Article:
The Los Angeles City Council voted Friday to add more anti-eviction protections for L.A. renters, which will safeguard an additional 400,000 housing units from receiving eviction notices before previous protections implemented at the onset of the COVID-19 pandemic expire.
According to City News Service, City Attorney Hydee Feldstein Soto will implement city council recommendations to extend housing measures and eliminate certain eviction rules for L.A. tenants. This includes banning landlords from evicting tenants from single-family homes and instating an eviction grace period for tenants who may fall behind on rent.
Jacqueline Burbank, the advocacy and communications manager at Inner City Law Center – an organization that represents low-income tenants who have been unlawfully evicted – said that the new measures will provide a buffer period for families facing eviction.
“We are very excited about these changes because tenant protections are oftentimes all that stand between average people and homelessness,” Burbank said. “Rents are so high in Los Angeles that oftentimes all it takes is one disaster in your life before you are facing eviction.”
According to Burbank, families can now prepare emergency backup plans to avoid living on the streets after eviction. Landlords will also face more responsibility to provide renters with just causes for evictions, rather than sporadic removals.
The South Los Angeles Community Plan Implementation Overlay Ordinance said the new protection plan will make rent more affordable and unlawful eviction less likely.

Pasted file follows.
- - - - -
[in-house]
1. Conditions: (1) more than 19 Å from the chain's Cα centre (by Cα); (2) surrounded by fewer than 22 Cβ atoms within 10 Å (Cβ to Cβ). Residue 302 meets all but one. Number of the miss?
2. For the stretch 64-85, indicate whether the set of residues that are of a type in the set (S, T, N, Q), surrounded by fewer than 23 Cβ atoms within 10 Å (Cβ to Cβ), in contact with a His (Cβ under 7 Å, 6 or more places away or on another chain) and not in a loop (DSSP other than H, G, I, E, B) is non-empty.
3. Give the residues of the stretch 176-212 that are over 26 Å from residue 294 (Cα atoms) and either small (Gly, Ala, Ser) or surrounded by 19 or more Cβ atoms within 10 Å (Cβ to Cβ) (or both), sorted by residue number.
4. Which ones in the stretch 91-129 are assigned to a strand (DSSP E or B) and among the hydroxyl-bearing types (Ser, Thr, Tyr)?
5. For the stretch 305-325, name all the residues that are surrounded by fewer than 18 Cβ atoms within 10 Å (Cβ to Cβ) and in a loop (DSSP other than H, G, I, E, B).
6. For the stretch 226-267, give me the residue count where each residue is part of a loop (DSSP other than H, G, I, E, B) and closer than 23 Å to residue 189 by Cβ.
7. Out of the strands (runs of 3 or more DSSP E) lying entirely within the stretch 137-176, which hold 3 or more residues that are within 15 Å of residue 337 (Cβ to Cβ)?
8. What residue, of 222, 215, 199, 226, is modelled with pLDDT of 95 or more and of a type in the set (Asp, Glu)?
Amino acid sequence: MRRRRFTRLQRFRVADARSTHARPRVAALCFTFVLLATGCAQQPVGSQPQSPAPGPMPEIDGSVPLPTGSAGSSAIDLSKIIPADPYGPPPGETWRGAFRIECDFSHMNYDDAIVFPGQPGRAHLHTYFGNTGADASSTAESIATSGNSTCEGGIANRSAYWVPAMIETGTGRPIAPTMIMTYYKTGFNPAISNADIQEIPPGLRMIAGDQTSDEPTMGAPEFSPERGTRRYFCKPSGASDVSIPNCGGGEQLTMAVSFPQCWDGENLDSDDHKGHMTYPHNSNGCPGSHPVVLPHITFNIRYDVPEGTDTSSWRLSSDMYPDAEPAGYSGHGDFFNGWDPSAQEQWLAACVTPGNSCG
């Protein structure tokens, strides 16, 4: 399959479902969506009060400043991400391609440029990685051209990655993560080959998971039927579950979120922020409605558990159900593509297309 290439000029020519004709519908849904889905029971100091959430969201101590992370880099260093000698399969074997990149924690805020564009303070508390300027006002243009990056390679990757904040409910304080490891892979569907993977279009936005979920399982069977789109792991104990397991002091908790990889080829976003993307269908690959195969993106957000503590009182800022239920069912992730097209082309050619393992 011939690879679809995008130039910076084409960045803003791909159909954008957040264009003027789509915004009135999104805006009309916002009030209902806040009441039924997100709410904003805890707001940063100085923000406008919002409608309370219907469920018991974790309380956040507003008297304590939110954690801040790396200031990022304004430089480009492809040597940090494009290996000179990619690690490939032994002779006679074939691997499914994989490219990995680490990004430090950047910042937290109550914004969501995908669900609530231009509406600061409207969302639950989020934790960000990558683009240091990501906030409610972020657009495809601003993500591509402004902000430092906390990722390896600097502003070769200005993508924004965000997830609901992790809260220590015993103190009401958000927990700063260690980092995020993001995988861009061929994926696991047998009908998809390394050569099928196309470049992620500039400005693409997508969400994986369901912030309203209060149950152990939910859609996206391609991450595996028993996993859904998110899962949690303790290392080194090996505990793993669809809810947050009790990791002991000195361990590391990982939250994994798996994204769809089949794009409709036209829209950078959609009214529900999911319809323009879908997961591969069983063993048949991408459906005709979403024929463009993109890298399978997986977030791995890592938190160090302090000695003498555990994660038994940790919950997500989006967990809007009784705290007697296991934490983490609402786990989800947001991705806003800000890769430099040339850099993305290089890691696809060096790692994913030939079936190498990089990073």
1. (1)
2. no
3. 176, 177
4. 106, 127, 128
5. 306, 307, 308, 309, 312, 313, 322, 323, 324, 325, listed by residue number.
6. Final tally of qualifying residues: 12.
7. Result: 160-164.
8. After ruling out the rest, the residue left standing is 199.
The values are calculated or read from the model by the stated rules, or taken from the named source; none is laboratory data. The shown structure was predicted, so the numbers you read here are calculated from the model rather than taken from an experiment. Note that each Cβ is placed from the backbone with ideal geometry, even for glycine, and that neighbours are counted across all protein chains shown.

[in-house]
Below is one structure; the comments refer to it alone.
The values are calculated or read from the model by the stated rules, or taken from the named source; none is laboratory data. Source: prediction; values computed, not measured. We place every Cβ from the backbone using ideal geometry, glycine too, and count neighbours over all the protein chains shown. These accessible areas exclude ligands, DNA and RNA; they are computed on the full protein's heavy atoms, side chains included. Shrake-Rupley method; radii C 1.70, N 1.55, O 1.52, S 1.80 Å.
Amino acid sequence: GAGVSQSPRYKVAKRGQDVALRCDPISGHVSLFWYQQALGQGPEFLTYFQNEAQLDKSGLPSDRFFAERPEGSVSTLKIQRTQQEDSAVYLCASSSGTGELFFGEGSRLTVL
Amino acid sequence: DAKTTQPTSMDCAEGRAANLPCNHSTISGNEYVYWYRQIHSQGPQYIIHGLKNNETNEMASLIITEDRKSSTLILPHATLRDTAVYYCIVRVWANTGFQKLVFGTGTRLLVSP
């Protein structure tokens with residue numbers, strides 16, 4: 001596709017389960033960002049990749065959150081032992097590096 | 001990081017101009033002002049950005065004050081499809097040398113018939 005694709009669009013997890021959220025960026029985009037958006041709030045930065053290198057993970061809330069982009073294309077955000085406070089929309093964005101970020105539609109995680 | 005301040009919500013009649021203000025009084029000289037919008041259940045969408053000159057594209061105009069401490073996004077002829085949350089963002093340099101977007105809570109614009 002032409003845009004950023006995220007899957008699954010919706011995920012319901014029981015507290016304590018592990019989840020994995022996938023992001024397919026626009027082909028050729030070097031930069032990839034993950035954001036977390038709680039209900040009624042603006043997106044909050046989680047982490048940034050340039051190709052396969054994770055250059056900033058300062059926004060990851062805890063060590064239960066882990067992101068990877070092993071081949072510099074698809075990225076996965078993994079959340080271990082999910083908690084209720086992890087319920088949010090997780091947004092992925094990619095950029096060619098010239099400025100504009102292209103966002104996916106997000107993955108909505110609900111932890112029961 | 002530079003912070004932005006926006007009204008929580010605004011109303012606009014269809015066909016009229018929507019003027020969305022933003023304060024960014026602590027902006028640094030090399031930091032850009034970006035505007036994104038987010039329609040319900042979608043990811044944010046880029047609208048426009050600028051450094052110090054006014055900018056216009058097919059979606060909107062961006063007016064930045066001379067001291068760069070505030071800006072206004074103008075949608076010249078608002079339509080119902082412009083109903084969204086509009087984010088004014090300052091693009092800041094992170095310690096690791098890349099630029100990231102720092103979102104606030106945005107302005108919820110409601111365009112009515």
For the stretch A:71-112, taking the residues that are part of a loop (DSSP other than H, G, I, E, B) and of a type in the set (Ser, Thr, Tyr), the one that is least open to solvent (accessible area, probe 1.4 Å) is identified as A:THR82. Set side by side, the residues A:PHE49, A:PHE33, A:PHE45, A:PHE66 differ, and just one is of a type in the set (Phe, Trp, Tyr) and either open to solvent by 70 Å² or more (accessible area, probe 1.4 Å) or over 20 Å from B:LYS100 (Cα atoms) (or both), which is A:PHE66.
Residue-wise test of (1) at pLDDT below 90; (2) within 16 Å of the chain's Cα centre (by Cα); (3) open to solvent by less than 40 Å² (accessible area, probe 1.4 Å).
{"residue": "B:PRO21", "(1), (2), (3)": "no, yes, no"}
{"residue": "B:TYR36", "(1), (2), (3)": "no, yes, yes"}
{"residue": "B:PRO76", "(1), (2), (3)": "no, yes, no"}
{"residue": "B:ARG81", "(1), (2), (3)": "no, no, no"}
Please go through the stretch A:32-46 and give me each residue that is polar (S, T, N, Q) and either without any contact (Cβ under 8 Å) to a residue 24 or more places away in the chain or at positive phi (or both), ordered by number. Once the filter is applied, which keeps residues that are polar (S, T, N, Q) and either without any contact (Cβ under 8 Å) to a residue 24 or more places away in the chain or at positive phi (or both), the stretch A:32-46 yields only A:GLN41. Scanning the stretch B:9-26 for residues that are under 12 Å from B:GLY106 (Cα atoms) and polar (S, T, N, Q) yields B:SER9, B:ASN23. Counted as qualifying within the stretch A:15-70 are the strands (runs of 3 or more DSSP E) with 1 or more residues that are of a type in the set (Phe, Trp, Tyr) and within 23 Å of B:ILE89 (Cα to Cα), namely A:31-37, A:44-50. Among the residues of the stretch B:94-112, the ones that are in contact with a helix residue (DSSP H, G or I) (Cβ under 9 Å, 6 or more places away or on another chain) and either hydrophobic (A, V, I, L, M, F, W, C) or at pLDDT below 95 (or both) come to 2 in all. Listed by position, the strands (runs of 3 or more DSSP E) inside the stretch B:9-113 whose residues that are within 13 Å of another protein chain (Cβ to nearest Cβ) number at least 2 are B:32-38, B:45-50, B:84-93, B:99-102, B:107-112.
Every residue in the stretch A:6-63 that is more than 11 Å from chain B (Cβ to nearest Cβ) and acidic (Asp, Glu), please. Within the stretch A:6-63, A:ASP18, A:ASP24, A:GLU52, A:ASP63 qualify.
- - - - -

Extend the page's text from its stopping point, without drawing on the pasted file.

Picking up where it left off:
Tenants aren’t always notified of these protection plans, though. Maria Patiño Gutierrez, the director of policy and research at SAJE – Strategic Actions for a Just Economy – said that legal counsel and eviction education is just as important as policy change. Citywide changes must trickle down to local communities.
“More than anything, what’s going to be really important is for organizations like us to be able to inform community members because not everyone knows. Too many people do not know their rights.”
In the last decade, there have been nearly 500,000 evictions in L.A. county, according to L.A. County superior court records. These figures also indicate that expiring tenant protections implemented at the height of the pandemic dropped yearly evictions to around 13,000 annually.
María Cruz, a South L.A. tenant who lives near USC, said the neighborhood has become dirtier and more dangerous in the past several years. However, moving out is not an option for her – South L.A. has been her home for 40 years.
“I live alone, and I have to pay for everything,” Cruz said. With no one to split the fee with, Cruz said she has to pay $50 per month to have her small amount of trash picked up.
Nearly 65% of L.A. households are occupied by renters, while 37% are occupied by owners. A 2022 report by the Los Angeles Homelessness Initiative concluded that L.A. County needs to add nearly 500,000 affordable housing units to meet the demand of renters at or below 50% of the median income in L.A.
“There’s a finite amount of land by that amount of space,” said Kenyatta Brazie, a South L.A. tenant just a few blocks from USC. “Sometimes when they purchase old properties, tear them down and repurpose them and build new. That kind of displacement does happen.”
While the new policy may not decrease the overall rate of homelessness in L.A. – which stands at nearly 70,000 people according to the Los Angeles Homeless Services Authority – it could pave the way for additional housing protections in the future.
“One vote won’t be the deciding factor that addresses or fixes homelessness in Los Angeles, but every victory is a step in addressing the problem. It’s an important step,” Burbank said.